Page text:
Publication - Guidance

Children's hearings training resource manual: volume 1

Published: 26 Apr 2013

Volume 1 contains the Children's Hearings (Scotland) Act 2011 and new rules regarding legislation and procedures.

515 page PDF

2.9 MB

515 page PDF

2.9 MB

Contents
Children's hearings training resource manual: volume 1
Foreword

515 page PDF

2.9 MB

Foreword

Children's panel members have a vital role in the children's hearings system. They are tasked to make decisions that are crucial to the lives of the children and their families who come before them. It is for this reason that great care is taken over their appointment and it is essential that they should be provided with first class training and good reference material that will enable them to undertake their role with confidence.

In June 2013 the Children's Hearings (Scotland) Act 2011 will come in to force and like its predecessors the Social Work (Scotland) Act 1968 and the Children (Scotland) Act 1995 there will be significant changes to hearings, however the fundamental role of panel members remains the same. In order to ensure panel members can deal with the changes the four Children's Hearings Training Units, at the request of Scottish Government, undertook a complete revision of the existing guidance manual for panel members. This revision includes other legislation which has been introduced in recent years and which has had an impact on the work of hearings as well as best practice guidance which has been developed in the light of experience.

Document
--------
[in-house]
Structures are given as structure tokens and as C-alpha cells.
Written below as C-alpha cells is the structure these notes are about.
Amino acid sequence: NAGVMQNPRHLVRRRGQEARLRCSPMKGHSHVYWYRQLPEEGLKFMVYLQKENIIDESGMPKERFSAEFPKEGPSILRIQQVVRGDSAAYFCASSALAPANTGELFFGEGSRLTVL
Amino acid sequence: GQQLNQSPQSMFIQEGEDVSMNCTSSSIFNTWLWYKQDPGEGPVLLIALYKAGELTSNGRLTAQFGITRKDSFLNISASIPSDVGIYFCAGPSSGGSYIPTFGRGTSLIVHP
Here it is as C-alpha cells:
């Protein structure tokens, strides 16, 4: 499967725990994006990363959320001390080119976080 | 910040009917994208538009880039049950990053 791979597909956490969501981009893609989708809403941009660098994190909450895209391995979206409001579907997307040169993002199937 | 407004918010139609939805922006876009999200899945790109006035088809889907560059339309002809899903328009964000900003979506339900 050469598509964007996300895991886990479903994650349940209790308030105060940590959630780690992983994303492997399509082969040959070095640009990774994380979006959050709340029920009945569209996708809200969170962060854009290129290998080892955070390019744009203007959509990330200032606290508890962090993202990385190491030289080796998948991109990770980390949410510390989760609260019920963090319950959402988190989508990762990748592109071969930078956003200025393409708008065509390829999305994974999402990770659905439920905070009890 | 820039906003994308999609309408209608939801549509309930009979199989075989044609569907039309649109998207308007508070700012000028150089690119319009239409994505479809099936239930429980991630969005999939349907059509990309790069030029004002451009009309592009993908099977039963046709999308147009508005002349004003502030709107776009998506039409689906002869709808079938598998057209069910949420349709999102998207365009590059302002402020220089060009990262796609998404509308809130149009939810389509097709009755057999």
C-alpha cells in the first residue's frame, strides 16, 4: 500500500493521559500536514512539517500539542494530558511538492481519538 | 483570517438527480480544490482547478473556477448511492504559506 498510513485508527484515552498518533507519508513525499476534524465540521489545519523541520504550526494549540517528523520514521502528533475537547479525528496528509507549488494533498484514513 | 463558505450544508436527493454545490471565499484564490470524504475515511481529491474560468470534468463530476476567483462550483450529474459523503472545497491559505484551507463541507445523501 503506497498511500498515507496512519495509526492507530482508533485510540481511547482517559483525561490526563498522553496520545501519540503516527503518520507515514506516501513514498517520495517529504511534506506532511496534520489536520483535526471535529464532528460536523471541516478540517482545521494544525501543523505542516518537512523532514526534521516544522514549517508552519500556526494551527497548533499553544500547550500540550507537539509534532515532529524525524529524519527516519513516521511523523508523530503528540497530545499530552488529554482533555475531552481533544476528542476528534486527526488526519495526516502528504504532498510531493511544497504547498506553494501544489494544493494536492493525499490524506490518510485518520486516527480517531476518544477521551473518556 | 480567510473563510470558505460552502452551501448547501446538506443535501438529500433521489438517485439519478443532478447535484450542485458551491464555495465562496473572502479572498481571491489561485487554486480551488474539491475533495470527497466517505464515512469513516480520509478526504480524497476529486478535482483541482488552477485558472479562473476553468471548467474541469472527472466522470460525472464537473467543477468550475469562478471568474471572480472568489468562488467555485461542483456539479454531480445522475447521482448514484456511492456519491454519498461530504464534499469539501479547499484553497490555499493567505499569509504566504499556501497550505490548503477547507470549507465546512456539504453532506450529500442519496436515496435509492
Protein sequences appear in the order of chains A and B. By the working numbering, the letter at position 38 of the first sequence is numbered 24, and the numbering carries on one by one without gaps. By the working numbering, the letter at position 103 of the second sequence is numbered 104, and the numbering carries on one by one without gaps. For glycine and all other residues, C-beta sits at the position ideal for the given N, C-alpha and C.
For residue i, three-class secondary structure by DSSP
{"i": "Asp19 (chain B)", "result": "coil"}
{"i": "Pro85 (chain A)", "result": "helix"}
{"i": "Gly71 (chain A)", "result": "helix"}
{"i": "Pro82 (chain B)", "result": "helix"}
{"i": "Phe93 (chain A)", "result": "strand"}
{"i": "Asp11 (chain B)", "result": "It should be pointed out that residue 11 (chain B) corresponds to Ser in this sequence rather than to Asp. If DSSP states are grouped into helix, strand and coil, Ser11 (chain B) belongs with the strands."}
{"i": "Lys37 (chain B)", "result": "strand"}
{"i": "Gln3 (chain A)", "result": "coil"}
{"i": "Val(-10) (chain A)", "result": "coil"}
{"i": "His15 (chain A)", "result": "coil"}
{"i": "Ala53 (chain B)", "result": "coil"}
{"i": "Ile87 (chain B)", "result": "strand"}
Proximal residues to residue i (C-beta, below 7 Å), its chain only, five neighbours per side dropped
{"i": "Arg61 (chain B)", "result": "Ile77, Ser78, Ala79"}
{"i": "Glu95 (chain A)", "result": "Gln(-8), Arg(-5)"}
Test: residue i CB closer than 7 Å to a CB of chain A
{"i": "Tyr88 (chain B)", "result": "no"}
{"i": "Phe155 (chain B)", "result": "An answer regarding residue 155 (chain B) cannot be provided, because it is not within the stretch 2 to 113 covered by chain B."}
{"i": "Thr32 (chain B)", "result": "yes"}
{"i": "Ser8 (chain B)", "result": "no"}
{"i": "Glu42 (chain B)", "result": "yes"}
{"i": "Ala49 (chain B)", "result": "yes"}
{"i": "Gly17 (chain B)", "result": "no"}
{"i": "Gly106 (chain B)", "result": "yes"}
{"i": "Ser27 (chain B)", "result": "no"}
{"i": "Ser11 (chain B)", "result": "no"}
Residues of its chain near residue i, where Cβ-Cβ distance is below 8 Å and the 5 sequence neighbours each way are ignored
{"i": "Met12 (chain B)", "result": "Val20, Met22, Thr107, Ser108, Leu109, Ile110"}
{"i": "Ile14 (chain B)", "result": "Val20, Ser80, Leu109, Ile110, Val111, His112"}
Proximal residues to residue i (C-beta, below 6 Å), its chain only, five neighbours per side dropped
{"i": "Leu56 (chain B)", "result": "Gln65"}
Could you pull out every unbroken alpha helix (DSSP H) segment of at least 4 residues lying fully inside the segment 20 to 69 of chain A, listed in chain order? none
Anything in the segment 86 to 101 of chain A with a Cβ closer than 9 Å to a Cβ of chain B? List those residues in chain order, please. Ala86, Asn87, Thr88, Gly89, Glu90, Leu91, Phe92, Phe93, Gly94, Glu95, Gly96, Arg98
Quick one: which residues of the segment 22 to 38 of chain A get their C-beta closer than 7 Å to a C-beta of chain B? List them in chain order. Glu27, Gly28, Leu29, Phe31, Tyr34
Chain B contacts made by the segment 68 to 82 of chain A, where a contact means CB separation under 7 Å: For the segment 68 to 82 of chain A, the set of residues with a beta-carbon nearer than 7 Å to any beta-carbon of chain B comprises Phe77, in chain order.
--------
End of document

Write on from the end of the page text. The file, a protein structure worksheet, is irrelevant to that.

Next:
The original Training Resource Manual has been separated into two volumes - Volume One - Legislation and Procedures which contains the new act and new rules, and relevant sections of all recent legislative changes and revised step by step procedures and best practice guidance Volume Two - Children's Hearings Handbook is primarily about children: the problems that some of them face, the environment in which they live, their needs, their rights and the services that are provided to meet those needs as well as how best to communicate with them and the adults who are present at hearings.

The panel member's task is not only to make decisions fairly and in accordance with the statutory requirements but also to take full account of the individual needs of every child who comes to a hearing. These volumes aim to provide information to widen the understanding of panel members and enable them to make sound, well-informed decisions at hearings.

It is hoped that all who read this manual will use it as a valuable supplement to their training and as a source of constant reference during their service.

The Training Staff at the Universities of Aberdeen, Glasgow, St. Andrews and Queen Margaret's Edinburgh


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